selected, so tests based on this partitioning can be optimized on each processor. The execution engines are not required to
check or enforce such hints. An execution engine can either assume that the modeler is correct, or just ignore it. An execution
engine is not required to verify that the modeler’s assertion is true.
When an action violates aspects of static UML modeling that constrain runtime behavior, the semantics is left undefined. For
example, attempting to create an instance of an abstract class is undefined - some languages may make this action illegal,
others may create a partial instance for testing purposes. The semantics are also left undefined in situations that require
classes as values at runtime. However, in the execution of actions the lower multiplicity bound is ignored and no error or
undefined semantics is implied. (Otherwise it is impossible to use actions to pass through the intermediate configurations
necessary to construct object configurations that satisfy multiplicity constraints.) The modeler must determine when minimum
multiplicity should be enforced, and these points cannot be everywhere or the configuration cannot change.
More invocation actions are defined for broadcasting signals to the available universe and transmitting objects that are not
Read Write Actions
Objects, structural features, links, and variables have values that are available to actions. Objects can be created and destroyed;
structural features and variables have values; links can be created and destroyed, and can reference values through their
ends; all of which are available to actions. Read actions get values, while write actions modify values and create and destroy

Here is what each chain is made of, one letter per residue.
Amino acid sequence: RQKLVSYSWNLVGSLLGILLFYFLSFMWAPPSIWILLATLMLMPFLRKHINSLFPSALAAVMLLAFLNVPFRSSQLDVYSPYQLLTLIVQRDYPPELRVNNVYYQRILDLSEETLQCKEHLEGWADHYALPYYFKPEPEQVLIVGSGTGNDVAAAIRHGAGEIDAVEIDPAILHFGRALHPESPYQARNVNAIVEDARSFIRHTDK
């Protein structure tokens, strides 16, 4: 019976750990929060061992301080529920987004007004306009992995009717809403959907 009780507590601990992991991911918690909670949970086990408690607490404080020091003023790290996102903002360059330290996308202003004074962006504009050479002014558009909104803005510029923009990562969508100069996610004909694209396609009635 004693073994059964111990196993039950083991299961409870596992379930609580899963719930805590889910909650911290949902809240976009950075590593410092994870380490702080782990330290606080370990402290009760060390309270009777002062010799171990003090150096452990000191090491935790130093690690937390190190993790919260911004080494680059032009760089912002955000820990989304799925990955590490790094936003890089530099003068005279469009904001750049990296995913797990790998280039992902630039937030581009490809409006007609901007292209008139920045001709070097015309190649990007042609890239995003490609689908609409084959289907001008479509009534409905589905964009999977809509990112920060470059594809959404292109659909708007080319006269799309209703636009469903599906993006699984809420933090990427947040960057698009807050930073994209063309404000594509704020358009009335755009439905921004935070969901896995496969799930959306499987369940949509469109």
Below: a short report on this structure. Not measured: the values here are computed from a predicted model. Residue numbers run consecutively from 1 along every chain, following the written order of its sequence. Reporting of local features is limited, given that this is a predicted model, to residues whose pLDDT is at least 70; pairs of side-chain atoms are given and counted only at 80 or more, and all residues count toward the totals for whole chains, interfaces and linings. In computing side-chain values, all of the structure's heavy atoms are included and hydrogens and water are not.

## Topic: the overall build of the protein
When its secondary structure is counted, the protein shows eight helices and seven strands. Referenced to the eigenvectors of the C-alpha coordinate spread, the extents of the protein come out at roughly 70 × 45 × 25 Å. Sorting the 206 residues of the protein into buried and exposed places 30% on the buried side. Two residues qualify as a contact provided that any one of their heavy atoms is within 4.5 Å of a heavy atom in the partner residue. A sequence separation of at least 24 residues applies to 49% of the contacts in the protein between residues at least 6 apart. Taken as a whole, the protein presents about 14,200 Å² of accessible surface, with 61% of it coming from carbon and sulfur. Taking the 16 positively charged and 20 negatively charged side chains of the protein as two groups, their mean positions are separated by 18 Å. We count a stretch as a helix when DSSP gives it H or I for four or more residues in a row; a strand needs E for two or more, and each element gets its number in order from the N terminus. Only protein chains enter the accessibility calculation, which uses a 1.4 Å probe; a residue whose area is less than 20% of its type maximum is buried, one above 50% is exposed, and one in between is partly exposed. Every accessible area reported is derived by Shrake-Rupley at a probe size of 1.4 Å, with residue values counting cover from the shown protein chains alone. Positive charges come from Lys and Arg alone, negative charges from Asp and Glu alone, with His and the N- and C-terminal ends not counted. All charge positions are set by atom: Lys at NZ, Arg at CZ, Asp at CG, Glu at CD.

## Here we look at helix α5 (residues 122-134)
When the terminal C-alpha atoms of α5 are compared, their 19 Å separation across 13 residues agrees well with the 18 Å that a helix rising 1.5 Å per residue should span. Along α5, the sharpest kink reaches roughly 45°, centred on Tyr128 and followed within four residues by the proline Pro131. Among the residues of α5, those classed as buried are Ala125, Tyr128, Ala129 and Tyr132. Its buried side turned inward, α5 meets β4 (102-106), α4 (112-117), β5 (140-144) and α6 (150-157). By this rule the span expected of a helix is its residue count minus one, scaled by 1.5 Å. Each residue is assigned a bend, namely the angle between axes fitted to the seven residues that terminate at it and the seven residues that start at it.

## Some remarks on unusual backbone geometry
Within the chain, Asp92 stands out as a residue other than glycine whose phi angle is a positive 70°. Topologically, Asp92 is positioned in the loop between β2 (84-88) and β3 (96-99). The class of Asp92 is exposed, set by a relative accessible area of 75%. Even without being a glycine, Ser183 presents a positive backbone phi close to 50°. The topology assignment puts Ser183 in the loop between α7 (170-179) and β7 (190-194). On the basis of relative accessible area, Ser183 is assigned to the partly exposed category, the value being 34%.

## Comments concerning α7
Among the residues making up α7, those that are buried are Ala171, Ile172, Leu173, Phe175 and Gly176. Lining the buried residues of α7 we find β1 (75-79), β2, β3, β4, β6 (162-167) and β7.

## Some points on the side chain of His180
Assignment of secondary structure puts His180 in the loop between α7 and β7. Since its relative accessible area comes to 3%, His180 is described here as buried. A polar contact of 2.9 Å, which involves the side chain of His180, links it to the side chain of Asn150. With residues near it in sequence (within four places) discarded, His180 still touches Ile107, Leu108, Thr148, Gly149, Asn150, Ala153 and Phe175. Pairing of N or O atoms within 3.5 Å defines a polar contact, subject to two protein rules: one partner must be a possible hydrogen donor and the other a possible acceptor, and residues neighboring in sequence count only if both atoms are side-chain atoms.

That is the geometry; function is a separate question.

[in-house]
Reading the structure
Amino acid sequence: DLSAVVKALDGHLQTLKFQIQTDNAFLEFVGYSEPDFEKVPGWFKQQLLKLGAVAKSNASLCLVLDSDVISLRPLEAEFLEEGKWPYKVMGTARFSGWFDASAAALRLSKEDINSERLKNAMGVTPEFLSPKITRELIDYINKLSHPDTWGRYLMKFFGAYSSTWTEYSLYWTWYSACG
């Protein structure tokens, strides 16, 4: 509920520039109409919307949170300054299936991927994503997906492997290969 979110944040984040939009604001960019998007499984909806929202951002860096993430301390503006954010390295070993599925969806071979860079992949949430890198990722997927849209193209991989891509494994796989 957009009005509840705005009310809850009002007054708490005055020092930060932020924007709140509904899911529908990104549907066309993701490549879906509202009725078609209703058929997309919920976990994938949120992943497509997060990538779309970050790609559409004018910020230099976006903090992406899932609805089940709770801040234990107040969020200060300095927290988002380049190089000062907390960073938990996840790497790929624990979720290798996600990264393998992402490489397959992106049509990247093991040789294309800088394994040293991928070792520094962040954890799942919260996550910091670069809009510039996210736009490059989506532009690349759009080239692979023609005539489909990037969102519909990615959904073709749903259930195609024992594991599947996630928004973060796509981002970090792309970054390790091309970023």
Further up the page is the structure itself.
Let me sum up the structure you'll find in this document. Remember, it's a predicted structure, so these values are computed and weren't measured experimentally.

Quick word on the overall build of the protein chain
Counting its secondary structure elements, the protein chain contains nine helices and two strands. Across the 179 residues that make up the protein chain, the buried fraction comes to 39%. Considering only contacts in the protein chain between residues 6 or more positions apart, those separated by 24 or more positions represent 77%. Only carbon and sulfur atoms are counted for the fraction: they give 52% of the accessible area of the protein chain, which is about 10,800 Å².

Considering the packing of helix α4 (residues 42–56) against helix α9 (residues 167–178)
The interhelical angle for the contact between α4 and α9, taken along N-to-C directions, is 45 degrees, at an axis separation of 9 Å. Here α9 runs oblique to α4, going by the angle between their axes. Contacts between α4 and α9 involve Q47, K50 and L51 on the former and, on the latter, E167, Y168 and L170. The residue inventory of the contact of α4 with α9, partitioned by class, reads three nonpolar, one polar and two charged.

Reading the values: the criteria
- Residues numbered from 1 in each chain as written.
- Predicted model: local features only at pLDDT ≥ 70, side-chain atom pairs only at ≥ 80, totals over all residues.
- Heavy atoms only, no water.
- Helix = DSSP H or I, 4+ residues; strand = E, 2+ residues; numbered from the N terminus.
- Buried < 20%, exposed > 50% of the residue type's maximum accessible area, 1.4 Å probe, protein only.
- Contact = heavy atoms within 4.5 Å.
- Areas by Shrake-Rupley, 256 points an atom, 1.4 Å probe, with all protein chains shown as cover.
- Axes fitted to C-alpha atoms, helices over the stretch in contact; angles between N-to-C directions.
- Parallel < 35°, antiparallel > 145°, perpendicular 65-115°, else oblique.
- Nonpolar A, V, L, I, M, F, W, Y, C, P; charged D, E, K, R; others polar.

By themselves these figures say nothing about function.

objects and links. Read and write actions share the structures for identifying the structural features, links, and variables
Object actions create and destroy objects. Structural feature actions support the reading and writing of structural features.
The abstract metaclass StructuralFeatureAction statically specifies the structural feature being accessed. The object to access
is specified dynamically, by referring to an input pin on which the object will be placed at runtime. The semantics for static
features is undefined. Association actions operate on associations and links. In the description of these actions, the term
associations does not include those modeled with association classes, unless specifically indicated. Similarly, a link is
not a link object unless specifically indicated. The semantics of actions that read and write associations that have a static
end is undefined.
Issue 8144 -minor typos and rewording for clarification
Value specifications cover various expressions ranging from implementation-dependent constants to complex expressions,
with side-effects. An action is defined for evaluating these. Also see ValuePin (from BasicActions ) on page 301.
The major constructs associated with complete actions are outlined below.
228 UML Superstructure Specification, v2.0
Read Write Actions
Additional actions deal with the relation between object and class and link objects. These read the instances of a given classifier,
check which classifier an instance is classified by, and change the classifier of an instance. Link object actions operate
on instances of association classes. Also the reading and writing actions of associations are extended to support qualifiers.
Actions are defined for accepting events, including operation calls, and retrieving the property values of an object all at
once. The StartClassifierBehaviorAction provides a way to indicate when the classifier behavior of a newly created object
should begin to execute.
These actions operate in the context of activities and structured nodes. Variable actions support the reading and writing
of variables. The abstract metaclass VariableAction statically specifies the variable being accessed. Variable actions can
only access variables within the activity of which the action is a part. An action is defined for raising exceptions and a
kind of input pin is defined for accepting the output of an action without using flows.